Xerostomia: Why Is My Mouth So Dry?

Dry Mouth Is Caused by Many Factors and Can Lead to Serious Oral Issues

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Sticky, pasty, hard to swallow—if this describes how your mouth feels often, you may be suffering from a common dental condition called xerostomia, or what is commonly referred to as dry mouth. It is the result of a decrease in the volume of saliva produced and present in the mouth. Saliva can be present, but it may be thick, viscous, and even stringy in consistency.

Saliva's Function and Benefits

Saliva has many purposes and it is an important part of our overall health that is often taken for granted.

Saliva helps you taste and digest food. Friction occurs constantly in the mouth, and saliva acts as a lubricant that protects the sensitive tissues from sores and infections. It also protects your teeth and helps neutralize acids in your mouth. Saliva cleans your mouth by loosening and sweeping away food particles and helps prevent tooth decay by controlling bacteria, viruses, and fungi found there.

Dry Mouth

If you feel your mouth is unusually dry, this is something important to address. Problems that are associated with dry mouth include gingivitis, tooth decay, and oral infections. Dry mouth affects approximately 10 percent of the population, and it is more common in women than men. You are also more likely to be affected by dry mouth if you frequently take medications, both prescription and over-the-counter, or are older.

Symptoms

If you have dry mouth, you may experience any of these symptoms:

  • Stickiness in the mouth
  • Dryness in the mouth or throat
  • Bad breath
  • Cracked lips, or splits in the skin at the corners of the mouth
  • Sores in the mouth
  • Raw or sore tongue, or inflammation of the tongue
  • Dry nasal passages
  • Hoarseness
  • Increase in the need to drink when eating and attempting to swallow
  • Changes in the sense of taste

    Causes

    There are many potential causes for dry mouth. Some of these include:

    • Chronic mouth breathing
    • Medications used to treat conditions such as high blood pressure, depression, overactive bladder, and Parkinson's disease. More than 400 prescribed and over-the-counter medications list dry mouth as a side effect.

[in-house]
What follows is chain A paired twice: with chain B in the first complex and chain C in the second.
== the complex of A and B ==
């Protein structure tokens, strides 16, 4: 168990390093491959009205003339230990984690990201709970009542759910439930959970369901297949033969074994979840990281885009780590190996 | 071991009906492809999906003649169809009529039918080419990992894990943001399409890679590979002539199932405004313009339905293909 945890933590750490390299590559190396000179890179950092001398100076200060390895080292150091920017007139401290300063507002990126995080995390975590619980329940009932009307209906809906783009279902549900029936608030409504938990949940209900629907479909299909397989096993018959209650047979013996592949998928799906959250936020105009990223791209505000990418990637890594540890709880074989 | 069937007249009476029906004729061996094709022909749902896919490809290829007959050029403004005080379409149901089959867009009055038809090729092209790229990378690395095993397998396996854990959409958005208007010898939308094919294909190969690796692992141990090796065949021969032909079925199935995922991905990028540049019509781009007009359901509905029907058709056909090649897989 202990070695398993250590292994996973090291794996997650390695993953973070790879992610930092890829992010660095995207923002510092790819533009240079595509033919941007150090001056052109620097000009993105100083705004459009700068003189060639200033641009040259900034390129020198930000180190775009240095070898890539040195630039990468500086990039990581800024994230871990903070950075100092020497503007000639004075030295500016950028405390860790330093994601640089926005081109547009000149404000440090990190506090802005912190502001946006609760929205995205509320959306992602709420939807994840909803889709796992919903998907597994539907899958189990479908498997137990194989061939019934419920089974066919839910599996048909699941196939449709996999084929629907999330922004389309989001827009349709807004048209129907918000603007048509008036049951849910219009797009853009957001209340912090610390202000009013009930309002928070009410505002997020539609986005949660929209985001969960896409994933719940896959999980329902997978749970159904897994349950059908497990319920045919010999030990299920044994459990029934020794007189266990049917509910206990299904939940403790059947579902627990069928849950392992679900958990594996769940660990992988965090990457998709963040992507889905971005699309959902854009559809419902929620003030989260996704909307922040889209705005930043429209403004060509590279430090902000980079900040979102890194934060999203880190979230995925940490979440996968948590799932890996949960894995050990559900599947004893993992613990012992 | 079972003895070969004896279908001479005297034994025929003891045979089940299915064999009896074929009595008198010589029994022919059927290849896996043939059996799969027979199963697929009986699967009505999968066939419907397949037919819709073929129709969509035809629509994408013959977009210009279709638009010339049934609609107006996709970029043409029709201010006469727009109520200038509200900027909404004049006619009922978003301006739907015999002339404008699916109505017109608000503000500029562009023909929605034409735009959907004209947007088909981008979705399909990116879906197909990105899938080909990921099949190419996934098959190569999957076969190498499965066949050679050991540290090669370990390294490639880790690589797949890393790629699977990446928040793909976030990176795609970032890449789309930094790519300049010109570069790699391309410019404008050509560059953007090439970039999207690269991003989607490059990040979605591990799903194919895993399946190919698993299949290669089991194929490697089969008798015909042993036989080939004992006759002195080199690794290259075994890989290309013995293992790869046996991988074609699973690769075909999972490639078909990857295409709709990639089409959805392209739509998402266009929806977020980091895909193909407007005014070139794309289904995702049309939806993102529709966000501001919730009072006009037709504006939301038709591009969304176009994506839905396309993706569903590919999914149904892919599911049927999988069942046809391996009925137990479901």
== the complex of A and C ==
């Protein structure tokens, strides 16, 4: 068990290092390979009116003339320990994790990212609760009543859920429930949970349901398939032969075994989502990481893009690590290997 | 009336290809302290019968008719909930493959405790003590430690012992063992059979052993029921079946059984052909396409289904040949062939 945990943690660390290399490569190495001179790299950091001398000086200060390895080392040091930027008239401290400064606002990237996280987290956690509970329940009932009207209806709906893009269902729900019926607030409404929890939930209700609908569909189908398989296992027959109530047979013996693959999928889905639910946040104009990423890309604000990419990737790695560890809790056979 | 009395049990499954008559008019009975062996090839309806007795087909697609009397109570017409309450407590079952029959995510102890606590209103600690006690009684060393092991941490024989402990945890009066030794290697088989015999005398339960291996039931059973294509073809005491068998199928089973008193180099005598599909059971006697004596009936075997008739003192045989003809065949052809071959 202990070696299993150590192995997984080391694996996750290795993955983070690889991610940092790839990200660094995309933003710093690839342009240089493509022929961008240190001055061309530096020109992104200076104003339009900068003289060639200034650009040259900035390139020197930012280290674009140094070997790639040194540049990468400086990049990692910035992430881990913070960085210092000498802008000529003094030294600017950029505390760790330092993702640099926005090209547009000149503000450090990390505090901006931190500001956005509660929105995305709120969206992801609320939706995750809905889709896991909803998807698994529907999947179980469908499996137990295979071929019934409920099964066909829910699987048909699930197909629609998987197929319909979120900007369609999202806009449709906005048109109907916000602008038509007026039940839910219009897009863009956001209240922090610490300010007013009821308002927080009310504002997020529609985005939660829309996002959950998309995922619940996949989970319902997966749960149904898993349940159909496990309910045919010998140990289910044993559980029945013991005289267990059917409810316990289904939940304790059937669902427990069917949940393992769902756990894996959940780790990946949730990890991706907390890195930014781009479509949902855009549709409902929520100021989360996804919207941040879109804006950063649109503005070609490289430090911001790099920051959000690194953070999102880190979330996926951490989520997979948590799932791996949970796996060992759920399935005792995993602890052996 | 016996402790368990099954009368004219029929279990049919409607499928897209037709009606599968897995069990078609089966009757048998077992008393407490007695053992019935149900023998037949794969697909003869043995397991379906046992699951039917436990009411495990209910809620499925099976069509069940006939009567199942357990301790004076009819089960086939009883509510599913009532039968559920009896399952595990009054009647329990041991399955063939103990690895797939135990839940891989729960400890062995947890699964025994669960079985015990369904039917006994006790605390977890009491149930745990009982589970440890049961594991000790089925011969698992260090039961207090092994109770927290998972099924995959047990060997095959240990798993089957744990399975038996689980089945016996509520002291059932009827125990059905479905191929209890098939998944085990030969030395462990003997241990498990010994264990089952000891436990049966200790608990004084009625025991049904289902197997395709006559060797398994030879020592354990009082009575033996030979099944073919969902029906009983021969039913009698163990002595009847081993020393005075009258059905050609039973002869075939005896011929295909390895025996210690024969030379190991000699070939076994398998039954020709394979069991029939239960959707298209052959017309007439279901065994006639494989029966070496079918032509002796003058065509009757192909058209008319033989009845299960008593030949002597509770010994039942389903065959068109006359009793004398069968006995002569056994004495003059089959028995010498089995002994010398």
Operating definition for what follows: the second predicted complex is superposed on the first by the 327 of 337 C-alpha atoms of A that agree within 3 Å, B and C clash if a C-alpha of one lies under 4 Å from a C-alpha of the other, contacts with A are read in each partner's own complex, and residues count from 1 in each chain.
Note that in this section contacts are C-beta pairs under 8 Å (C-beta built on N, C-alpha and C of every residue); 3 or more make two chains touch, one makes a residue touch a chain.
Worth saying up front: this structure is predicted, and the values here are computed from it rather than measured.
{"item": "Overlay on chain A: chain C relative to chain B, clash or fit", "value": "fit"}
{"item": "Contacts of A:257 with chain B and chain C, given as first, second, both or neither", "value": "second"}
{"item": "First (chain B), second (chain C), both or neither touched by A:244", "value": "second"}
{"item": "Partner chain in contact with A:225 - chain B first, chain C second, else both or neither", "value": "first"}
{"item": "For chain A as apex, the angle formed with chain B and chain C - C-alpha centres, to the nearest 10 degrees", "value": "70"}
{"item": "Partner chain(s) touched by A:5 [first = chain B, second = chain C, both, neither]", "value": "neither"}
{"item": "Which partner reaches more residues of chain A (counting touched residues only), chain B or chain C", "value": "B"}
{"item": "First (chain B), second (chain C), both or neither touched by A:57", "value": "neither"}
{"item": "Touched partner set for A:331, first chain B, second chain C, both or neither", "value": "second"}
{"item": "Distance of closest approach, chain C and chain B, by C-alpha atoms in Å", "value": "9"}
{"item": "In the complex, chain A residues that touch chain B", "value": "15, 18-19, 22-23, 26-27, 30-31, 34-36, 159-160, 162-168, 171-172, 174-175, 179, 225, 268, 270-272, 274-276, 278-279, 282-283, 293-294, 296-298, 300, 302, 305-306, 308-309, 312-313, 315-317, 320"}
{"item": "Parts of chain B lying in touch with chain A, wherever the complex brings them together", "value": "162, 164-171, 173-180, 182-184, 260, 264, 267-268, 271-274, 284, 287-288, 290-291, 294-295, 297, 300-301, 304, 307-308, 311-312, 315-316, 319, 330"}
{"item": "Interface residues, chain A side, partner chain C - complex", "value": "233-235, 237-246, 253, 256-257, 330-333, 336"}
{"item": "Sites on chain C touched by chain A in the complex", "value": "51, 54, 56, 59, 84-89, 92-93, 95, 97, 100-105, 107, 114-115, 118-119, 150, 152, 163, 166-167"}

• Medical treatments and procedures such as bone marrow transplants, chemotherapy, and radiation therapy
    • Diseases and health conditions such as diabetes, HIV/AIDS, Sjögren’s Syndrome, depression, Parkinson's disease, thyroid disease, and dehydration.
    • Blocked salivary ducts
    • Stress and anxiety
    • Injury to nerves in the mouth due to trauma, which may cause a decrease in saliva production
    • Lifestyle contributors, such as tobacco use, including smokeless tobacco products
    • A decrease in the production of saliva due to the natural aging processes

    Diagnosis

    There are many reasons why your mouth may be so dry, and your doctor may diagnose the problem as xerostomia, the medical term for a dry mouth. A visit to your dentist or physician will help you understand why you are suffering from a dry mouth and what treatment options are available.

    Treatment

    If your dry mouth is due to medications, your doctor may be able to adjust your dosage or change your prescription.

    If it is due to a salivary gland problem, it may be able to be treated with medicine. You might also be able to use artificial saliva.

    Keeping the mouth moist as much as possible is an immediate treatment for the problem you can do at home. Sipping water regularly throughout the day will help. Sucking on ice chips is also a common way to help with dry mouth. You may also want to use a humidifier at night.

    Avoid smoking, alcohol, and caffeine when you have dry mouth. Using a mouthwash can be helpful, but only if it does not contain alcohol. Alcohol, which is present in many types of mouthwash, will only dry the mouth further and make the symptoms worse.

    Lip balms and salves can help relieve dry and cracked lips and the corners of the mouth. You may want to avoid salty foods, acidic juices, and dry foods.

    Sugar-free chewing gums, sugar-free lemon drops, or lozenges can also help to coax the production of saliva; however, avoid any that contain sugar, as these can promote cavities, especially because your mouth is compromised because of decreased saliva production.

    Low-sugar diets and excellent oral hygiene are critical for those who suffer dry mouth. Though these do not prevent dry mouth or treat it directly, they will ward against the increased risks of gum disease, tooth decay, and many other oral problems.

    Source:

    Dry Mouth. MedlinePlus. https://medlineplus.gov/drymouth.html.

    Dry Mouth. National Institute of Dental and Craniofacial Research. https://www.nidcr.nih.gov/OralHealth/Topics/DryMouth/DryMouth.htm.

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